About Our Building
Discovery Elementary School is Arlington’s newest neighborhood school, having opened in September 2015. The warm and inviting 97,588 square foot building, designed by VMDO Architects and built with a student-centered wayfinding narrative in mind, exemplifies collaboration between a myriad of stakeholders including design and construction experts, educational leaders and community members.
Upon opening, Discovery was the largest net-zero energy (NZE) elementary school ever built in the United States, and was the first net-zero energy school of any kind in the Commonwealth of Virginia. It was the first NZE school in the Mid-Atlantic Region.
Discovery Elementary School was designed by VMDO Architects and constructed by Heery International. It is a recipient of the 2017 American Institute of Architects Committee on the Environment Top Ten Award.
The school grounds are a National Wildlife Federation Certified Wildlife Habitat, number 207045.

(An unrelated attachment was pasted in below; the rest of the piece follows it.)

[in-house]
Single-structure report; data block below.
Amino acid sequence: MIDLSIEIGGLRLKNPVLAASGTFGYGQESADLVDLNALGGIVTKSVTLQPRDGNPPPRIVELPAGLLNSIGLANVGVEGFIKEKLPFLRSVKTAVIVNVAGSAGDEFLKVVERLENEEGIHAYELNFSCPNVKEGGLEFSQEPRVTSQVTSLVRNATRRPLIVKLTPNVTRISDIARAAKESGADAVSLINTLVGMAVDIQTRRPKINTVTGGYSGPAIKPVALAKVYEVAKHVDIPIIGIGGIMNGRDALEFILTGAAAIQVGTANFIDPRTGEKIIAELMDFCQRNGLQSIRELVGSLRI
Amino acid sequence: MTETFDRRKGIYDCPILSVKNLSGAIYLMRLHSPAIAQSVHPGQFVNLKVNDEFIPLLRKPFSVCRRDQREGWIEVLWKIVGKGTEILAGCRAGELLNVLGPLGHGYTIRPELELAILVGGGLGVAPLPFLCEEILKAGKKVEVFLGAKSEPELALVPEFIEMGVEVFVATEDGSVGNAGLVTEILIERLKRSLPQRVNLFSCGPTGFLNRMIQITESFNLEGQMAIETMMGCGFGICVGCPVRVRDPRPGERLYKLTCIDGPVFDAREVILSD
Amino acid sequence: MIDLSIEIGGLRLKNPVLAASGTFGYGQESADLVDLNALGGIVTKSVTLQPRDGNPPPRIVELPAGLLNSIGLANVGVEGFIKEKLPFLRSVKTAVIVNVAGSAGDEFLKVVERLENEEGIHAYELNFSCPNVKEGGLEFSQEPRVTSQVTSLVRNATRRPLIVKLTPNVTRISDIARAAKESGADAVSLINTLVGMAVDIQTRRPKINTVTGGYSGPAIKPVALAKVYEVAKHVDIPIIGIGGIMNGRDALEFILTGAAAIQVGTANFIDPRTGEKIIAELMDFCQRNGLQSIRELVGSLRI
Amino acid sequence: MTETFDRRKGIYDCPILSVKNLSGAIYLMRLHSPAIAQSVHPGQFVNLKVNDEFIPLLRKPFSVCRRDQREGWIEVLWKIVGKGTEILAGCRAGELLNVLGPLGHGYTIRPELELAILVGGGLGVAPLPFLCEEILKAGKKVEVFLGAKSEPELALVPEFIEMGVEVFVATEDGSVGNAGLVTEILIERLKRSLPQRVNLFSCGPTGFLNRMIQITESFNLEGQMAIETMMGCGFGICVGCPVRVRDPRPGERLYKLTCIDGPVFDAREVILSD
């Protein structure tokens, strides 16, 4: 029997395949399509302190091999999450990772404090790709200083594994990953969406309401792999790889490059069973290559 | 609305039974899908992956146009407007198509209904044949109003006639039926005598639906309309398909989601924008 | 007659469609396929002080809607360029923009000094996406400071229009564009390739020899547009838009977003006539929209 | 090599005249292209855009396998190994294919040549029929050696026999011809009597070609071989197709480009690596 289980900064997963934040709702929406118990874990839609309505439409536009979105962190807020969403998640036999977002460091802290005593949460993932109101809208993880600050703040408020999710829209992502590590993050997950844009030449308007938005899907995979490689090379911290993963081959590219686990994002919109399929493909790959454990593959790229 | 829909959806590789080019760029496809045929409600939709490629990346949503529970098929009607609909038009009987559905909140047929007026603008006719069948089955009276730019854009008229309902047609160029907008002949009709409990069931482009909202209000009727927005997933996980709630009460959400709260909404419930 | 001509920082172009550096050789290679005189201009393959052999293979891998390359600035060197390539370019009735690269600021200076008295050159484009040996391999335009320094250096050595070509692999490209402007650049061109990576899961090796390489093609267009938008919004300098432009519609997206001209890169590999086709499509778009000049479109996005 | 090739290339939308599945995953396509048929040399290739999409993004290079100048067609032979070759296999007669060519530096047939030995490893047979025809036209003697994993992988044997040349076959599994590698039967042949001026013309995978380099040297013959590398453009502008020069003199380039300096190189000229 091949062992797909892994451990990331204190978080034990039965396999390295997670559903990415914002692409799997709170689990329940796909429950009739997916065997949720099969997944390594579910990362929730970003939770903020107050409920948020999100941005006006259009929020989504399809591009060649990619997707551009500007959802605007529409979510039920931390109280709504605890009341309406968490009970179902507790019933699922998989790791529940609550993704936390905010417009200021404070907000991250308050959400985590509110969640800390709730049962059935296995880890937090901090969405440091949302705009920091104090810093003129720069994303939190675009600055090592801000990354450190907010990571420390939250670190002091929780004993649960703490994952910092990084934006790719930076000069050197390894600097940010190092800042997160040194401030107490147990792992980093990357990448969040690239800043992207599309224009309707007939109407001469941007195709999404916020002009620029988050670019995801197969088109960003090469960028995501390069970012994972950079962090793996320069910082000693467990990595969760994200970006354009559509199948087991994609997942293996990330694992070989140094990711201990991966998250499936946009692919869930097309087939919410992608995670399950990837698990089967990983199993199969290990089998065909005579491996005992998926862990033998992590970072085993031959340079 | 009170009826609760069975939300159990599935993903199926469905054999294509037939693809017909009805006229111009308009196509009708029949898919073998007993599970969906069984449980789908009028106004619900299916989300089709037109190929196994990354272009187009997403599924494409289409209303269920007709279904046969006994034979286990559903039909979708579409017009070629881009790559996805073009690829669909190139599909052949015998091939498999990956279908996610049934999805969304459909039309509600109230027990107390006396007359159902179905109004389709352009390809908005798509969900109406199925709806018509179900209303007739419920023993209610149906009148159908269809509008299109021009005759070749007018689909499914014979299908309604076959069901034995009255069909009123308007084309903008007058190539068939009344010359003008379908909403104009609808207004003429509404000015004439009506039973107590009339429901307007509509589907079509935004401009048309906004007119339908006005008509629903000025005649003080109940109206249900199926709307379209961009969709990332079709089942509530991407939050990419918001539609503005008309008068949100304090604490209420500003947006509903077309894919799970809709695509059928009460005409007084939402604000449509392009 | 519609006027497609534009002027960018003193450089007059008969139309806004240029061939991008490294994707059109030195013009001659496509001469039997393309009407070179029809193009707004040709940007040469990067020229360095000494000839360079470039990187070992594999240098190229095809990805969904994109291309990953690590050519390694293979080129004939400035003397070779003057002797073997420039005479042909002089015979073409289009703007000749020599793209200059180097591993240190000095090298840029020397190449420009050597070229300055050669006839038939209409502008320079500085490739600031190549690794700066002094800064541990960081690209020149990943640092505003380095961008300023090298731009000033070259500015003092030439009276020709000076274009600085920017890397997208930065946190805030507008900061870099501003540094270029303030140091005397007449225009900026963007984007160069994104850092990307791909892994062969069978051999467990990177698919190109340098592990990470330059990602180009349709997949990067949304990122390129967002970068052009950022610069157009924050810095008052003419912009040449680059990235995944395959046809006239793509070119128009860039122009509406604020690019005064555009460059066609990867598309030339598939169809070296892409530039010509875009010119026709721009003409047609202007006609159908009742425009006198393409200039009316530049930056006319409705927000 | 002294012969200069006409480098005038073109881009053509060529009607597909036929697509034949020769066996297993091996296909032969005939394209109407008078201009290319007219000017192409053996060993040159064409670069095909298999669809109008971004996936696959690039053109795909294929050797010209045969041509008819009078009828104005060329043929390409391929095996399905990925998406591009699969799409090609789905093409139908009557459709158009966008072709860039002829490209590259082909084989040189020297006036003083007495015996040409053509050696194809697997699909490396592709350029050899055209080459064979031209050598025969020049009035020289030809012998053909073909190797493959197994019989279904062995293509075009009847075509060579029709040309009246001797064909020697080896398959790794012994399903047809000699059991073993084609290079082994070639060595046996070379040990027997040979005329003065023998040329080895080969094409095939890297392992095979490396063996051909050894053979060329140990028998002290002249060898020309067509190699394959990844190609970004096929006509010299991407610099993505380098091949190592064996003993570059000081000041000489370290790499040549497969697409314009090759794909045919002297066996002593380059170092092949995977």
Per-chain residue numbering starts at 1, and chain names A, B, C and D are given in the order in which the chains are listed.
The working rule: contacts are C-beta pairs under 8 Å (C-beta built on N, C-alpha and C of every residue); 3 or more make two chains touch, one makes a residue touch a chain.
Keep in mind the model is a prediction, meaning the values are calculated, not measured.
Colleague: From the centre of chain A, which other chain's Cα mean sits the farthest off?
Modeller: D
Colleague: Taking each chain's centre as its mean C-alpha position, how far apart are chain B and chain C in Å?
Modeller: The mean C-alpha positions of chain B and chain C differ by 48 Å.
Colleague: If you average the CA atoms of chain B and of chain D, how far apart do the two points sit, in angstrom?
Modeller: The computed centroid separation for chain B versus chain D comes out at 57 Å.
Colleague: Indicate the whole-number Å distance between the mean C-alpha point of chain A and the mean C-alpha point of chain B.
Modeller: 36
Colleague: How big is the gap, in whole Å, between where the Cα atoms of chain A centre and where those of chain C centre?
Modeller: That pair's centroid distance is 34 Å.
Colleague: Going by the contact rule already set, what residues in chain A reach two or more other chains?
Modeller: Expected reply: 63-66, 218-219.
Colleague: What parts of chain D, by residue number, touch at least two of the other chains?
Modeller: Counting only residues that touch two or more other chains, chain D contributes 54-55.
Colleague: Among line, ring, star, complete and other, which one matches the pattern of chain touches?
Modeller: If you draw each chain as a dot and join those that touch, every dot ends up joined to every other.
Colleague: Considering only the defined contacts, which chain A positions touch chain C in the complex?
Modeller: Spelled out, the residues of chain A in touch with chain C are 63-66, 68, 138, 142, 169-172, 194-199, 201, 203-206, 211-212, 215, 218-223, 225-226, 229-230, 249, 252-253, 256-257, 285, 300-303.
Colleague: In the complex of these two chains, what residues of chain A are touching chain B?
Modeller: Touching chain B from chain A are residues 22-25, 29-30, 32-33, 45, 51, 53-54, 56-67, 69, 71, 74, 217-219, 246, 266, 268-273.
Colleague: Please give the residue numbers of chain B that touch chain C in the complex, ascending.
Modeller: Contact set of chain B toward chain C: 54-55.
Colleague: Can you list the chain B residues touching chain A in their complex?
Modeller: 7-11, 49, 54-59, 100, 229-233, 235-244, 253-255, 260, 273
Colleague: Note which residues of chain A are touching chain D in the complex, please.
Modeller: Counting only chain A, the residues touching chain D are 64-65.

- 97,588 square feet
- 684 student capacity
- LEED Certification: Pending
- 100% LED lighting
- 3,000 linear feet of insulating concrete form (ICF) bearing walls
- 75% of walls include windows, 33% of wall space is window, to increase natural light
- Solatube “Solamaster” 750 DS tubular daylighting devices throughout
- 1,706 rooftop photovoltaic (PV) solar panels generating 496 kW of power
- First year energy cost: $72,000 (regional average $124,000)
- 20-year average energy cost: $1.9M (regional average $3.3M)
- Interior movable / openable walls in upper grade spaces with whiteboards
- Energy Use Index: 23 kBTU per sq ft (APS average 69; regional average 70 kBTU per sq ft)
- Two bio-retention areas with observation deck
- 150 geothermal well field
- Solar pre-heated domestic water supply
- Angled ceilings in Kinderhausen promote natural convection effect
The green building is designed to support experiential learning and encourage students to become stewards of the environment. Design highlights include an interactive dashboard used to monitor the school’s energy production and consumption, adjustable photovoltaic panels in the solar laboratory, and observation decks near the butterfly, vegetable, and bio-retention gardens.